Kim Jong-un's slave army: UN to probe claims of 20,000 North Korean 'bonded labourers' shipped round the world

Effective 'slave labourers' believed to be working on 2022 World Cup facilities in Qatar, as well as across China and Russia

Click to follow
The Independent Online

The UN is to investigate reports that an estimated 20,000 North Korean citizens have been shipped around the world effectively to work as “slave labourers” – including to build the 2022 World Cup facilities in Qatar.

China, Russia and the Middle East have reportedly received tens of thousands of workers from Kim Jong-un’s secretive state, and a UN official said they were being used “to acquire foreign currencies”.

NK Watch, a Seoul-based rights group, has previously put the number of North Korean workers in 40 other countries around the world at more than 100,000, and said they earned $3 billion (£2 billion) a year for Pyongyang.

Speaking at the UN Human Rights Council in Geneva this week, special rapporteur Marzuki Darusman said the North Korean government should be held responsible for the torture, rape and abduction of 200,000 people since the 1950s.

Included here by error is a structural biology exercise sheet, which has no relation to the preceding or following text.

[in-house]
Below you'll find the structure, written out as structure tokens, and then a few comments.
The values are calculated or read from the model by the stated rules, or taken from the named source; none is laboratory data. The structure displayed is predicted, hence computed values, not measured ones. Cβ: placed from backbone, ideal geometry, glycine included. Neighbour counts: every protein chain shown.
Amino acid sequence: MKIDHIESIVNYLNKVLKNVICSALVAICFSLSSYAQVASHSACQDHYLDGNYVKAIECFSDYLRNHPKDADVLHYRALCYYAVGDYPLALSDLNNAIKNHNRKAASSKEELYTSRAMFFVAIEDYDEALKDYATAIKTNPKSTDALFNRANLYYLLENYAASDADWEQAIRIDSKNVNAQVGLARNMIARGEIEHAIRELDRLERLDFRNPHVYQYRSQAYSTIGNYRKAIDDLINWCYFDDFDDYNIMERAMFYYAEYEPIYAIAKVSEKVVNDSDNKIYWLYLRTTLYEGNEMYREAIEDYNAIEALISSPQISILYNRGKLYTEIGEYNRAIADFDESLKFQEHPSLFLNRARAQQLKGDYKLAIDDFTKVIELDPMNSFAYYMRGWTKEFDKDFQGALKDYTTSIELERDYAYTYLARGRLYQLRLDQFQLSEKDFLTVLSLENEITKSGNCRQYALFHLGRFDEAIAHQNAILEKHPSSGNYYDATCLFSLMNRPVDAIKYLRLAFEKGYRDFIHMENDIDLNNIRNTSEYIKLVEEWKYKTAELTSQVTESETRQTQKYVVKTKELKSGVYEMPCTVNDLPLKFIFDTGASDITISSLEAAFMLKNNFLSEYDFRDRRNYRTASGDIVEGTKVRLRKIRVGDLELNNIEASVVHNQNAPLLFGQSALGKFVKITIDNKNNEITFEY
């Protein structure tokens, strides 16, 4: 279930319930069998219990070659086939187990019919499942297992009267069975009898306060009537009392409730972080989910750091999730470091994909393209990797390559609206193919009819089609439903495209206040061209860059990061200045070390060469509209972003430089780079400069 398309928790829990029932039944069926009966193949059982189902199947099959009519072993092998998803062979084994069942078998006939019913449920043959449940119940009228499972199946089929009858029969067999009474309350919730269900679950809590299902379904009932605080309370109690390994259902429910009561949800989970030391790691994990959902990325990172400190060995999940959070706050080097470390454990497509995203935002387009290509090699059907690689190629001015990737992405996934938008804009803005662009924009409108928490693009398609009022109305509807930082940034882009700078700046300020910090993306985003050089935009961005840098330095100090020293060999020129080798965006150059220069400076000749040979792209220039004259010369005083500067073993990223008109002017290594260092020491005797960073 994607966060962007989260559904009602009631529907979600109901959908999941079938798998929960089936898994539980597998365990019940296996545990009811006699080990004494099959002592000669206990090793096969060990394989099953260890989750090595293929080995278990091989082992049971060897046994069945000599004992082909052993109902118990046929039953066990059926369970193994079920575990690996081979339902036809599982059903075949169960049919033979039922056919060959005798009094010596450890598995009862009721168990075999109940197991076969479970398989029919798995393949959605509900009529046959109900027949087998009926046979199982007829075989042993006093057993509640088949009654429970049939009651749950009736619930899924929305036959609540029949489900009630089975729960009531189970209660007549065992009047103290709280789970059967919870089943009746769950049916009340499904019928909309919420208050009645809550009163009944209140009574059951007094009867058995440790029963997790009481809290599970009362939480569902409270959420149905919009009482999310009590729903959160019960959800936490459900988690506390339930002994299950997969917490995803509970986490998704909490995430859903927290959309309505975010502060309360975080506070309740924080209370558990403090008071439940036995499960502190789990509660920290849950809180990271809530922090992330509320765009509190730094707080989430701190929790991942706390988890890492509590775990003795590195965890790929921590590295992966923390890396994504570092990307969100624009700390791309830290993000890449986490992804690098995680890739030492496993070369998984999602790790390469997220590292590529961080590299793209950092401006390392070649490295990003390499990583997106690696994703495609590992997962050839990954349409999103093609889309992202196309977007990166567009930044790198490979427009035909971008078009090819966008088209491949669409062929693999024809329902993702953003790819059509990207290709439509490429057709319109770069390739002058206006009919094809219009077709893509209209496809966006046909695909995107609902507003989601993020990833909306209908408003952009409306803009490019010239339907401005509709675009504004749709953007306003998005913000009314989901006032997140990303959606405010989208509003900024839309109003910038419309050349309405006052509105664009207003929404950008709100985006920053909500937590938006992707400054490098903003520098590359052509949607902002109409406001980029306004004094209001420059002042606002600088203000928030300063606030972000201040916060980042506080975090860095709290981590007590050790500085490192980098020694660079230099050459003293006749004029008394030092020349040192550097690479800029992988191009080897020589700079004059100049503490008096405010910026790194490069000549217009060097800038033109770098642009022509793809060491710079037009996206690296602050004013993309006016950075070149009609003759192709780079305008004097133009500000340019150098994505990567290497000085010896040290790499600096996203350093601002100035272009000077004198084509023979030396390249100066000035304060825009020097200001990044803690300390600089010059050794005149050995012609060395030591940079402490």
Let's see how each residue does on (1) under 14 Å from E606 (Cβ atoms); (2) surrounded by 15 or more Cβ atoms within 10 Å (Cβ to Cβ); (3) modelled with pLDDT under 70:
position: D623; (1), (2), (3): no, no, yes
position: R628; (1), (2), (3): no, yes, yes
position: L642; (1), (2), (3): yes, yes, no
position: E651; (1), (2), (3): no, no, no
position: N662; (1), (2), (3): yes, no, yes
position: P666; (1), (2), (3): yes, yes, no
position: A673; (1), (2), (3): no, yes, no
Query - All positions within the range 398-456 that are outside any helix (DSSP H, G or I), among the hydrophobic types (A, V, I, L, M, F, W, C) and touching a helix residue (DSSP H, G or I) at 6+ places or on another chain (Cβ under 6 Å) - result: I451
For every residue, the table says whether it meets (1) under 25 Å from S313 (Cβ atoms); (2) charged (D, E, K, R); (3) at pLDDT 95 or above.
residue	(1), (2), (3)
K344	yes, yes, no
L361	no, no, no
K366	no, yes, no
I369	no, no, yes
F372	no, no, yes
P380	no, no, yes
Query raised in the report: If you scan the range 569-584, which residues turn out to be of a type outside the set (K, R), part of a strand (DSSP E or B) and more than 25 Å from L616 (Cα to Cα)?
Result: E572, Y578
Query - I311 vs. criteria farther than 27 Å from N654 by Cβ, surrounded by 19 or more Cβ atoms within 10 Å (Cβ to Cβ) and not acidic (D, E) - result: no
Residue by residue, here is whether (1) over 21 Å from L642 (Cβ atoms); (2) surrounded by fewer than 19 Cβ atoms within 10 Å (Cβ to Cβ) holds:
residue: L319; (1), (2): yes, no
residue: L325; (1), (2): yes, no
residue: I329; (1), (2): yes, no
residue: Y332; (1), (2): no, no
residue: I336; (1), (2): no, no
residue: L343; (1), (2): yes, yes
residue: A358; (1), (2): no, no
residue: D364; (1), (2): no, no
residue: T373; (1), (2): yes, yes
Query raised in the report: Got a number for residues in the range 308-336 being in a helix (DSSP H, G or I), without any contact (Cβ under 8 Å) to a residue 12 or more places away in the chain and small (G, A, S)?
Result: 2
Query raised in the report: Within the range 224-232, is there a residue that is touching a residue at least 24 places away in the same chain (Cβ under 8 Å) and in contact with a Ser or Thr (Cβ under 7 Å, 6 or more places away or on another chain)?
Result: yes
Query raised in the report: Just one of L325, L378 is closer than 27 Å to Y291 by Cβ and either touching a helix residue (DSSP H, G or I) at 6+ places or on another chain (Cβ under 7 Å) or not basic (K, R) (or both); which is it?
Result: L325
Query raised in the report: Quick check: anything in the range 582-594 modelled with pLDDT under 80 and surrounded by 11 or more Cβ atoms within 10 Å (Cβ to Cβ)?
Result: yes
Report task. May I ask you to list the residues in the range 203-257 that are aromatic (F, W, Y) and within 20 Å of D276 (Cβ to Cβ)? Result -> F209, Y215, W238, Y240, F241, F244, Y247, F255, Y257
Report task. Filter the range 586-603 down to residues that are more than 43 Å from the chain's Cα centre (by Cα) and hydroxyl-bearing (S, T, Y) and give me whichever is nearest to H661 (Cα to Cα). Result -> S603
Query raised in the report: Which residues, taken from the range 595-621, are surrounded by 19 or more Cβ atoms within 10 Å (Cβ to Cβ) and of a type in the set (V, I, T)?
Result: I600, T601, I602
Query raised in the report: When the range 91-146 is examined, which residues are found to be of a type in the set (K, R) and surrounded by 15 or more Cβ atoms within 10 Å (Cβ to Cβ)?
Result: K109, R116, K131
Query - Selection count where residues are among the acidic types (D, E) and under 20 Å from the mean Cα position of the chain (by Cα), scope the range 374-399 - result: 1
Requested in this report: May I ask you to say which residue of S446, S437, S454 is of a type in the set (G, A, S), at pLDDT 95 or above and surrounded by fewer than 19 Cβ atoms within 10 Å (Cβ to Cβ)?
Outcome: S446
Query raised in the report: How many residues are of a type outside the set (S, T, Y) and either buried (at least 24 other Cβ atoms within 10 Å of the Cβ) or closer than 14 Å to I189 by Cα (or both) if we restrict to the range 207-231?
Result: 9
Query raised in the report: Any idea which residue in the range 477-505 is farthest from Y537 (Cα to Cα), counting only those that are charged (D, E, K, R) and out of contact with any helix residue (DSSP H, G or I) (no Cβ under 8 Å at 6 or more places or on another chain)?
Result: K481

And he said his inquiries would now turn to the “bonded labourers” working for the profit of Kim Jong Un’s government.

Referring to the workers after the meeting, Mr Darusman told reporters:  “It has now emerged more and more visibly and therefore it is time to address the matter in a way that clarifies the real situation.”

He said reports of the workers’ poor pay and long working hours meant they could be described as “bonded labourers or slave labourers”, and added: “A sizeable number are working in the Middle East also. These workers are being used to acquire foreign exchange, for example.”

According to a report in the Guardian last year, North Korean workers on World Cup projects in Qatar receive as little as 10 per cent of their salaries when they go home.

One worker at a construction site in central Doha told the newspaper: “We are here to earn foreign currency for our nation.”

Mr Darusman said the bulk of his early estimate of 20,000 North Korean workers abroad were based in China, and the human rights investigator reiterated a request to visit China to investigate.

Hong Lei, a spokesman for the Chinese foreign ministry, said disputes on human rights should be resolved through talks.

He said in Beijing: “China hopes the international community can fairly and objectively view North Korea's human rights situation and pay attention to the difficulties and challenges North Korea faces in its social and economic development and provide more constructive assistance.”